Variety is the spice of life
As a systems-integration magazine, Vision Systems Design has always set its sights on showing how components and subsystems are integrated to create vision-based solutions, whether in the electronics, automotive, food, pharmaceutical, or other industries.
As a systems-integration magazine,Vision Systems Design has always set its sights on showing how components and subsystems are integrated to create vision-based solutions, whether in the electronics, automotive, food, pharmaceutical, or other industries. We are continuing to enhance our global coverage of these topics in 2005, with additional insights into component and subsystem integration and more reports on related developments in automation and emerging technology trends.
This month, for example, we introduce a regular feature on component integration, in this case showing how volume production of high-dynamic-range smart cameras can be achieved by precalibrating the sensors. In the coming months, we will look at integration challenges with components such as DSPs, FPGAs, IR detectors, shutters, PCI Express boards, and others. In the same vein, this issue contains a special supplement, the “Worldwide Camera Lens Directory,”that lists many of the major industrial lens manufacturers in the world, along with their lenses. The directory also contains tutorial articles on selecting the appropriate lens for an application.
You will find other enhancements to the magazine this year, including Snapshots, a series of briefs on recent developments in machine vision that follows this page. We are not publishing news of the latest academic research, rather we are highlighting developments that are beginning to impact the commercial world or will be very soon.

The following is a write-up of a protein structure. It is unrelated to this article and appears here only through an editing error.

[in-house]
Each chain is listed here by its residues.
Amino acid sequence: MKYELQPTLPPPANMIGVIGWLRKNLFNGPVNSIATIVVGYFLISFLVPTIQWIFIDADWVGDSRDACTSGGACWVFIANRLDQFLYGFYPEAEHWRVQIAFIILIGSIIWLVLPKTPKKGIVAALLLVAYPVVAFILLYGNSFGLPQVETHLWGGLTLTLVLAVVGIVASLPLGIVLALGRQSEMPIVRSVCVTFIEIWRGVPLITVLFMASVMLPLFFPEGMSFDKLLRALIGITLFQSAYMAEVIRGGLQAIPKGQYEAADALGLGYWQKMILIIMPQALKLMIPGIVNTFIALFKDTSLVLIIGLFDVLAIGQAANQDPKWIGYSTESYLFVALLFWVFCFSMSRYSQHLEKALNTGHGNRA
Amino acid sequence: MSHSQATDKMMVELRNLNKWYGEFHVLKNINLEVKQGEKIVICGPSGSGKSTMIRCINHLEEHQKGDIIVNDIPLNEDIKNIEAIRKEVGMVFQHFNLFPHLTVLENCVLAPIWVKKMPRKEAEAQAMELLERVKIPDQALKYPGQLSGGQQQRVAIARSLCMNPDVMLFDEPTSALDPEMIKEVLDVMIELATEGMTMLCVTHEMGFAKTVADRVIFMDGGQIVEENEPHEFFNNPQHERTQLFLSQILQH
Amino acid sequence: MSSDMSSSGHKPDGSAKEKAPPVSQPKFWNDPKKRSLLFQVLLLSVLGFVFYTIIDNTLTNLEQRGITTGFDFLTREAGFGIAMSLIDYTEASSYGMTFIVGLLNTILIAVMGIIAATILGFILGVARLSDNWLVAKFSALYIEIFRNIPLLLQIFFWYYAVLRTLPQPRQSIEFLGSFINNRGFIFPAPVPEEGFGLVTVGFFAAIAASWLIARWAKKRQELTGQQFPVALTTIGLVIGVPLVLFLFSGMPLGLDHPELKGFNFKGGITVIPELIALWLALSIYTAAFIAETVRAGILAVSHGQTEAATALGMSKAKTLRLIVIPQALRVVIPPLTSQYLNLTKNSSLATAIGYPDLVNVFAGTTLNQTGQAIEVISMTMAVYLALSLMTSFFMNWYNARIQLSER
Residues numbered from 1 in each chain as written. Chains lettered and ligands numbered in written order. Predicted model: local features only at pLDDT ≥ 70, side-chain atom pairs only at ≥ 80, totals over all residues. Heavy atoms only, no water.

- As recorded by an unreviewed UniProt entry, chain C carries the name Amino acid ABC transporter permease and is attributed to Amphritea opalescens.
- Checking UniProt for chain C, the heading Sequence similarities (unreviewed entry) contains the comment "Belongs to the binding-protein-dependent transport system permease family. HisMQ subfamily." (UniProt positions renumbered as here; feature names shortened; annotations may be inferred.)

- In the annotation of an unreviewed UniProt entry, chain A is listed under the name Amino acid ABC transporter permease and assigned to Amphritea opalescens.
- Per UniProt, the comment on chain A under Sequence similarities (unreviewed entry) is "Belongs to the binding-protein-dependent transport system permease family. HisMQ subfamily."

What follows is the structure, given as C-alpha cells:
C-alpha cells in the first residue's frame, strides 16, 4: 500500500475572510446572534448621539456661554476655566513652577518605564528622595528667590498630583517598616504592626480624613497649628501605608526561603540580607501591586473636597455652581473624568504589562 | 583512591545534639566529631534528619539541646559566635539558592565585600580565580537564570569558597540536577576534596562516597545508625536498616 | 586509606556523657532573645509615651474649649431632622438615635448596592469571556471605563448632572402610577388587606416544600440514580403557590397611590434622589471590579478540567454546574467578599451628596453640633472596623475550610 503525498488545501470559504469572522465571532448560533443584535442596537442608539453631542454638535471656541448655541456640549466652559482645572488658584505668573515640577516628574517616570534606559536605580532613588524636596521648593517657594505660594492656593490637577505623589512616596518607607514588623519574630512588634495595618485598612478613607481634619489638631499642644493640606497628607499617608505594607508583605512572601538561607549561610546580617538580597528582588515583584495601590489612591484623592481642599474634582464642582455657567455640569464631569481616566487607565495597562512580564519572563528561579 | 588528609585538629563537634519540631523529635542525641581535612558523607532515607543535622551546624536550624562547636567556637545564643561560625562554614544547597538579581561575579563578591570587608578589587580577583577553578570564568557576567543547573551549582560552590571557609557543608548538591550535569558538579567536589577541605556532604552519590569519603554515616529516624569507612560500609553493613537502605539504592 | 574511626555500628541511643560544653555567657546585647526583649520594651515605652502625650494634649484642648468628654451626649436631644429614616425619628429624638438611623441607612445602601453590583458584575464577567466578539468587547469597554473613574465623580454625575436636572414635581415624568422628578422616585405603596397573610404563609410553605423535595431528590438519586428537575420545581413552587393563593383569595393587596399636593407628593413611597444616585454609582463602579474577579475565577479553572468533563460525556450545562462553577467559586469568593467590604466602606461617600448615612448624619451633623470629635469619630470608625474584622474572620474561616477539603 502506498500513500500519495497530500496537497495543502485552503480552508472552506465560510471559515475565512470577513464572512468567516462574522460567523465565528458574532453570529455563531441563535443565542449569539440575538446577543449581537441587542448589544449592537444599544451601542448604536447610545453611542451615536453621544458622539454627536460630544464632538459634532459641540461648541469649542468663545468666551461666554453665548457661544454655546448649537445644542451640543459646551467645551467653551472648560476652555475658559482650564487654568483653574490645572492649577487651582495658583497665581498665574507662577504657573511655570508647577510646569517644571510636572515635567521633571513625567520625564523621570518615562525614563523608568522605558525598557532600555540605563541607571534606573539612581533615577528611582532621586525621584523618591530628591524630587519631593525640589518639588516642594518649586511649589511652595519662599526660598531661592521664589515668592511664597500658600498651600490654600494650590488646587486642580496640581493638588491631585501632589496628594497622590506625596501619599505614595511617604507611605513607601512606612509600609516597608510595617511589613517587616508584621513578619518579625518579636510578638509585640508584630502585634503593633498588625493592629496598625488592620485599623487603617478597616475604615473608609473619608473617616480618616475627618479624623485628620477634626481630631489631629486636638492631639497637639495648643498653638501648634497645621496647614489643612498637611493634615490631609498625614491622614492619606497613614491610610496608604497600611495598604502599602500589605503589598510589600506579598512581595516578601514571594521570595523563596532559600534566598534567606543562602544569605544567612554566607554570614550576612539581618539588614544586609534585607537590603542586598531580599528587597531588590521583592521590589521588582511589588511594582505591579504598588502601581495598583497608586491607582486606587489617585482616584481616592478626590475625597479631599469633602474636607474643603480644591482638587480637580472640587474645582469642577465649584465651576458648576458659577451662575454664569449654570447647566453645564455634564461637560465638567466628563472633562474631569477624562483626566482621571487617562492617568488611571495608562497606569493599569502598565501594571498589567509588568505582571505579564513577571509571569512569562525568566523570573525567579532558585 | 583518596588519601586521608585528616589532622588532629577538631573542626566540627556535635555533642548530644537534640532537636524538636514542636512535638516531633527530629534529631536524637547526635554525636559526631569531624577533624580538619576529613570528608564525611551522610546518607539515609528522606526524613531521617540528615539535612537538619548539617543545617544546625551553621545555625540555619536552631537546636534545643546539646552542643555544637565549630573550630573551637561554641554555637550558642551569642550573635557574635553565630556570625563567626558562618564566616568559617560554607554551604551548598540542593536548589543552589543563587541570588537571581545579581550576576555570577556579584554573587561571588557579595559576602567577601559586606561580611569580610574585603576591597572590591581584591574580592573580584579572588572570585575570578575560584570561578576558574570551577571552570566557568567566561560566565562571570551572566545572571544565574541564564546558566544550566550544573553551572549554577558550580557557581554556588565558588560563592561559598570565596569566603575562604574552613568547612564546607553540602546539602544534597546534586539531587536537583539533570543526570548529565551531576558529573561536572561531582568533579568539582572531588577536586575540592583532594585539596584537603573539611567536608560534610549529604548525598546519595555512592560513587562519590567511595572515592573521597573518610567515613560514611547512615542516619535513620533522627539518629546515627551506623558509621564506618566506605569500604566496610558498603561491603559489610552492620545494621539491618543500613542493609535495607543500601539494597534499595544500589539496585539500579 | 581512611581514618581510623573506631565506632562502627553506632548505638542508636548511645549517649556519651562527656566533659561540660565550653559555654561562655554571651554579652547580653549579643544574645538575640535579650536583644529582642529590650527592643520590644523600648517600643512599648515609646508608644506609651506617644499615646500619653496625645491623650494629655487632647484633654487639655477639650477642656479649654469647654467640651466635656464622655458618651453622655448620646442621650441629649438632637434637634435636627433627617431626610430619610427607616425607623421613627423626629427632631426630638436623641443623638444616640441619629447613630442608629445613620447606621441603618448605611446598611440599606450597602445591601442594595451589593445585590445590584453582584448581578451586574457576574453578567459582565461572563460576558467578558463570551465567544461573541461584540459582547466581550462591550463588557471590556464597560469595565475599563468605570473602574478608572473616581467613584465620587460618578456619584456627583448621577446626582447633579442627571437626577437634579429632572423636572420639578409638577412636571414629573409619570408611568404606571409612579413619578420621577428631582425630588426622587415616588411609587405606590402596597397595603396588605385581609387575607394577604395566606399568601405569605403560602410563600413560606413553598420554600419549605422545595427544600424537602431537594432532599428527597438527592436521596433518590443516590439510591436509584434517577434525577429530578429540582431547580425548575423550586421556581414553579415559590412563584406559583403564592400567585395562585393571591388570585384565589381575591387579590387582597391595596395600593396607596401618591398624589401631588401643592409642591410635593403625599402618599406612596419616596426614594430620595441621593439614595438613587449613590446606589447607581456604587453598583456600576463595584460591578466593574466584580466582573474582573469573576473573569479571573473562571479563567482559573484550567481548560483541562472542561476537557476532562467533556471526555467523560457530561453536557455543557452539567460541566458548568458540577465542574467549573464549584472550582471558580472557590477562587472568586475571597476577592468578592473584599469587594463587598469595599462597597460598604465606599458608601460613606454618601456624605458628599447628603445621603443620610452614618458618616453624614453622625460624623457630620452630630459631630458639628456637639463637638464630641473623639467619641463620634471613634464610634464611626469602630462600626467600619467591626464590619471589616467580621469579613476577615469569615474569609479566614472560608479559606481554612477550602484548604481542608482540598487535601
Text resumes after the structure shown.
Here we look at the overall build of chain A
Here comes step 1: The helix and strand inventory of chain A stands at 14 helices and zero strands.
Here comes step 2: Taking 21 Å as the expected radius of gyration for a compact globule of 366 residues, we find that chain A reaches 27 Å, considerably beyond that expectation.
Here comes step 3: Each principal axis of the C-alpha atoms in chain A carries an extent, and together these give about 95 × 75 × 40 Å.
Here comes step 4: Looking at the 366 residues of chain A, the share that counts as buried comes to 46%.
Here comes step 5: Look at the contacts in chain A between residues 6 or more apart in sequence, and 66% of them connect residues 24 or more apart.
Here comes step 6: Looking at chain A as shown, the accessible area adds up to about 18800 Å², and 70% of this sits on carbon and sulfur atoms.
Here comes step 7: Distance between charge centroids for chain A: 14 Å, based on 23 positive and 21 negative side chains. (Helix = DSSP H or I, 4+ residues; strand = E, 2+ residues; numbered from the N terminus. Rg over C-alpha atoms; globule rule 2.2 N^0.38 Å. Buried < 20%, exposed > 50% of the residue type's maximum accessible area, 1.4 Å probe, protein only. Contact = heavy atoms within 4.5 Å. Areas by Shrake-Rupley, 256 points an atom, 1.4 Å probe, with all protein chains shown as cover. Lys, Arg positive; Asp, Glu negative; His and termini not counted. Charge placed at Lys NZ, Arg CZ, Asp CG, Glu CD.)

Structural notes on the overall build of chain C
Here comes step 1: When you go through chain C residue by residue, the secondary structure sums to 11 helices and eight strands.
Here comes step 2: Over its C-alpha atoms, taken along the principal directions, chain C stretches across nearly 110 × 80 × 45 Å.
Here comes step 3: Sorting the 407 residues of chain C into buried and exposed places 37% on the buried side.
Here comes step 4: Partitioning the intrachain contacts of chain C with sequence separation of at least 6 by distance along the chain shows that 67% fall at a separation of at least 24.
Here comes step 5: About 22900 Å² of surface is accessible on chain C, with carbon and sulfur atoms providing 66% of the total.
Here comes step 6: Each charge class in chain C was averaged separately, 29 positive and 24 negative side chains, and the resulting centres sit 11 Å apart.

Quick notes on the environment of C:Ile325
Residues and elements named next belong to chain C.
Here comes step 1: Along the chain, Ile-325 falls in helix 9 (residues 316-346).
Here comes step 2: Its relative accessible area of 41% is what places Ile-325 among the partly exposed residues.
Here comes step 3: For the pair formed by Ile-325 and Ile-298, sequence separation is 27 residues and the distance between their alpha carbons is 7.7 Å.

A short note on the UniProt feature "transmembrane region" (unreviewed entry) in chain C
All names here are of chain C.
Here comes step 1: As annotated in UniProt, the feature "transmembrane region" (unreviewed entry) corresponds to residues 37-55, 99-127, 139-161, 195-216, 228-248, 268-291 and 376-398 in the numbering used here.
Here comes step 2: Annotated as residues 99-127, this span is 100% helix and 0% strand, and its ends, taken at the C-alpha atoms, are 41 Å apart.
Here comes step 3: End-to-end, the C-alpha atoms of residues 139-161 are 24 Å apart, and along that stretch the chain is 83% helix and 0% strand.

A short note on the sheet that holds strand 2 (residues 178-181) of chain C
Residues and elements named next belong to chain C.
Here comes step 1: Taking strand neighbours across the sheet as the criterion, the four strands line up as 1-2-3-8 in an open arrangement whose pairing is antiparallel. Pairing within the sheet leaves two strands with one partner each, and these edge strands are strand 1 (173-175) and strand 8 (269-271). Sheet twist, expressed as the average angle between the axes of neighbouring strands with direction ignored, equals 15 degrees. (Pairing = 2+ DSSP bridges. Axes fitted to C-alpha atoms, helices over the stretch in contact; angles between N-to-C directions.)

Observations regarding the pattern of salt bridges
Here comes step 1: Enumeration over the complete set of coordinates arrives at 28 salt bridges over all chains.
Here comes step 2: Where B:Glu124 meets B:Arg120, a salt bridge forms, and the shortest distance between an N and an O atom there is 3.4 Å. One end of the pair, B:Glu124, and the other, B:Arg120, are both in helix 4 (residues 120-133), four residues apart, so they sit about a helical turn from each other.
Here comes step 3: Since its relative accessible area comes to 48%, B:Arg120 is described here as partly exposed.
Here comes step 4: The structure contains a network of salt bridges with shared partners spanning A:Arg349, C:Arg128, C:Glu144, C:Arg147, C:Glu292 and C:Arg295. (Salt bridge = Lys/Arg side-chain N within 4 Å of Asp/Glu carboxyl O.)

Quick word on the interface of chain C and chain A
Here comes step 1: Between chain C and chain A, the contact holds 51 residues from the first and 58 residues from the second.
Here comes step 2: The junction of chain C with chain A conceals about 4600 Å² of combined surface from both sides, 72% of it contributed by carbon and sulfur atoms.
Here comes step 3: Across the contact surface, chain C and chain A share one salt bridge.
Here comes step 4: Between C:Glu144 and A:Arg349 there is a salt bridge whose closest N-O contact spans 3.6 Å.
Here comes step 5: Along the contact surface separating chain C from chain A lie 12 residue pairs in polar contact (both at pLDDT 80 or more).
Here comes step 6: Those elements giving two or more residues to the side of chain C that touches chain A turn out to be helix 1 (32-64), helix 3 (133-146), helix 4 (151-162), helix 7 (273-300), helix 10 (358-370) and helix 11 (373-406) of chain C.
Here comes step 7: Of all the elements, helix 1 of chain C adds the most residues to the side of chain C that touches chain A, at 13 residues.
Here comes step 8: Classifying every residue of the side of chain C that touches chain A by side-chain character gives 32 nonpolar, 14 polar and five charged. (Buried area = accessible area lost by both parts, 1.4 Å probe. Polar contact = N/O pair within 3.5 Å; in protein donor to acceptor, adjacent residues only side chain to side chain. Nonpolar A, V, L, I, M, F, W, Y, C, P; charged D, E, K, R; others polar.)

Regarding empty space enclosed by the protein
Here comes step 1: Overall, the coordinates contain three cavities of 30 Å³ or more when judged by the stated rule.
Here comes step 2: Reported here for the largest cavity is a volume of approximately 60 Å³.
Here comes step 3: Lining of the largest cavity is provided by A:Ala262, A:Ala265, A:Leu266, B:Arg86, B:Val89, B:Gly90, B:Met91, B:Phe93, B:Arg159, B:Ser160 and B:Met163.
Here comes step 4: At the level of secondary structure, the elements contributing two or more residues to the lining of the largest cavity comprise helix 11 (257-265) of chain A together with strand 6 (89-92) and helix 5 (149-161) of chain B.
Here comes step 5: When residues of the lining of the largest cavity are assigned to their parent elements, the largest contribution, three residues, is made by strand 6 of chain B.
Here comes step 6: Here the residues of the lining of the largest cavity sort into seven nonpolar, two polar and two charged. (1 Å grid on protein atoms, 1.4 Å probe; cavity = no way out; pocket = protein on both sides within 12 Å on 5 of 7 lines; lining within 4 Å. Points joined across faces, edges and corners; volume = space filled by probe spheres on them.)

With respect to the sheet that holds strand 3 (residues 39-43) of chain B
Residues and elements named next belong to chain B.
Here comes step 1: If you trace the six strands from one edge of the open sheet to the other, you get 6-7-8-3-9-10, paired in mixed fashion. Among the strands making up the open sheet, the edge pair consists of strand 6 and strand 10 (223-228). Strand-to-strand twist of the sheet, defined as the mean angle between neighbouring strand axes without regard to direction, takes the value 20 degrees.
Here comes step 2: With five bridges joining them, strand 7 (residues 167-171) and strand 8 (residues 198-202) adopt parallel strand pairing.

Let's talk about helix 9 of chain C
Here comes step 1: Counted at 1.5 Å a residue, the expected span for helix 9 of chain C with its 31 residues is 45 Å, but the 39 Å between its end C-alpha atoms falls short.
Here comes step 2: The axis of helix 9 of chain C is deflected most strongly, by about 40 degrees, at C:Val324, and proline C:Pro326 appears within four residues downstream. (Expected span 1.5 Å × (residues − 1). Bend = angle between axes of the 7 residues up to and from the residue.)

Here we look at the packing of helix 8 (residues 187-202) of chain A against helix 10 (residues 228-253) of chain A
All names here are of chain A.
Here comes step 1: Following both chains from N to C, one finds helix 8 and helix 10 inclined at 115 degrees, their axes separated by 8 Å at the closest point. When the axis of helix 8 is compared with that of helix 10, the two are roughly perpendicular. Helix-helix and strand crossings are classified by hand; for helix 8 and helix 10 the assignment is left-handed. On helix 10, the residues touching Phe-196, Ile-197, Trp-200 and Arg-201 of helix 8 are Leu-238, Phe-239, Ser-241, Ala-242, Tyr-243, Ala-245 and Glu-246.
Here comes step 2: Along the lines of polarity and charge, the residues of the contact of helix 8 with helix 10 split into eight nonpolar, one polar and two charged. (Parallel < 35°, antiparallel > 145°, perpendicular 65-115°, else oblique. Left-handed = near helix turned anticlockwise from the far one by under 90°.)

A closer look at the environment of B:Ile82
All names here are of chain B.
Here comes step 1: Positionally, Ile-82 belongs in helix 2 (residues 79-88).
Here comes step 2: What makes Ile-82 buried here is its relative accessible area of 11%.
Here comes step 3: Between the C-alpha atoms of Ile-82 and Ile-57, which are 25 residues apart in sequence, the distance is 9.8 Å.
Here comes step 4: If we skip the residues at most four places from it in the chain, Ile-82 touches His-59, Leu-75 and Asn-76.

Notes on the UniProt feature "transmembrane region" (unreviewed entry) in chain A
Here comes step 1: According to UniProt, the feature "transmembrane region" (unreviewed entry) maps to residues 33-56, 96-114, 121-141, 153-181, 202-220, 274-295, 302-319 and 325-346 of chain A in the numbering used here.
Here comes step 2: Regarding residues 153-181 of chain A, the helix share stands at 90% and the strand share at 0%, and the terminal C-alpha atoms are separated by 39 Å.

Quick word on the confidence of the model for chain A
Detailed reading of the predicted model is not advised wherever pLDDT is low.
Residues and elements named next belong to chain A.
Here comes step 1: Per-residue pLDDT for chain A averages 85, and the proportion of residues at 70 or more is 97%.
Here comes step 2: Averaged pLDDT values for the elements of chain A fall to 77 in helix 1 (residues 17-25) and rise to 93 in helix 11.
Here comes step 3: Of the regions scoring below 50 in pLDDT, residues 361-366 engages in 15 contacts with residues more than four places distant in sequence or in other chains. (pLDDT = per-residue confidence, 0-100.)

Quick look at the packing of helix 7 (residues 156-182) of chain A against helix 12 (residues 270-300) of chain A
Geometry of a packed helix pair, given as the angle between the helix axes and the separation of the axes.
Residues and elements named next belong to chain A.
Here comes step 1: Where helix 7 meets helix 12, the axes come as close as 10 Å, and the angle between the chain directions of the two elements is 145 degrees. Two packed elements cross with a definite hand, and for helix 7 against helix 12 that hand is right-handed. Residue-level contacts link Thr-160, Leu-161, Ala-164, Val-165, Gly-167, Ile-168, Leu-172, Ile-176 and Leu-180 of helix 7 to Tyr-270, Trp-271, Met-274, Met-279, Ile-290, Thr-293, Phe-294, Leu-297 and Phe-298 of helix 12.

By way of clarifying the products that we cover, we have renamed the New Products section at the back of the magazine to Vision+Automation Products, since the two are so intertwined. And you may have noticed a new tagline beneath our logo on the cover of the magazine: Vision and Automation Solutions for Engineers and Integrators Worldwide, which sums up our mission quite nicely!
Join the evolution
These enhancements are evolutionary, not revolutionary, and result from the growing and changing market for machine vision and the corresponding growth of the magazine. Beyond these changes, we have our usual lineup of interviews and features, including a talk with Kevin Harding at GE’s Global Research Center on machine vision from a major end user’s point of view. The Technology Trends section looks at vision in hazardous environments, quality control and industrial testing applications, and imaging from unmanned aerial vehicles-a fast growing area of defense spending. We also have a feature on packaging beverage mixes using vision and programmable automation controllers and one on how vendors use PMC modules to add imaging to VME boards. I trust you will find that this variety adds some spice-and solutions-to your new year.
W. Conard Holton
Editor in Chief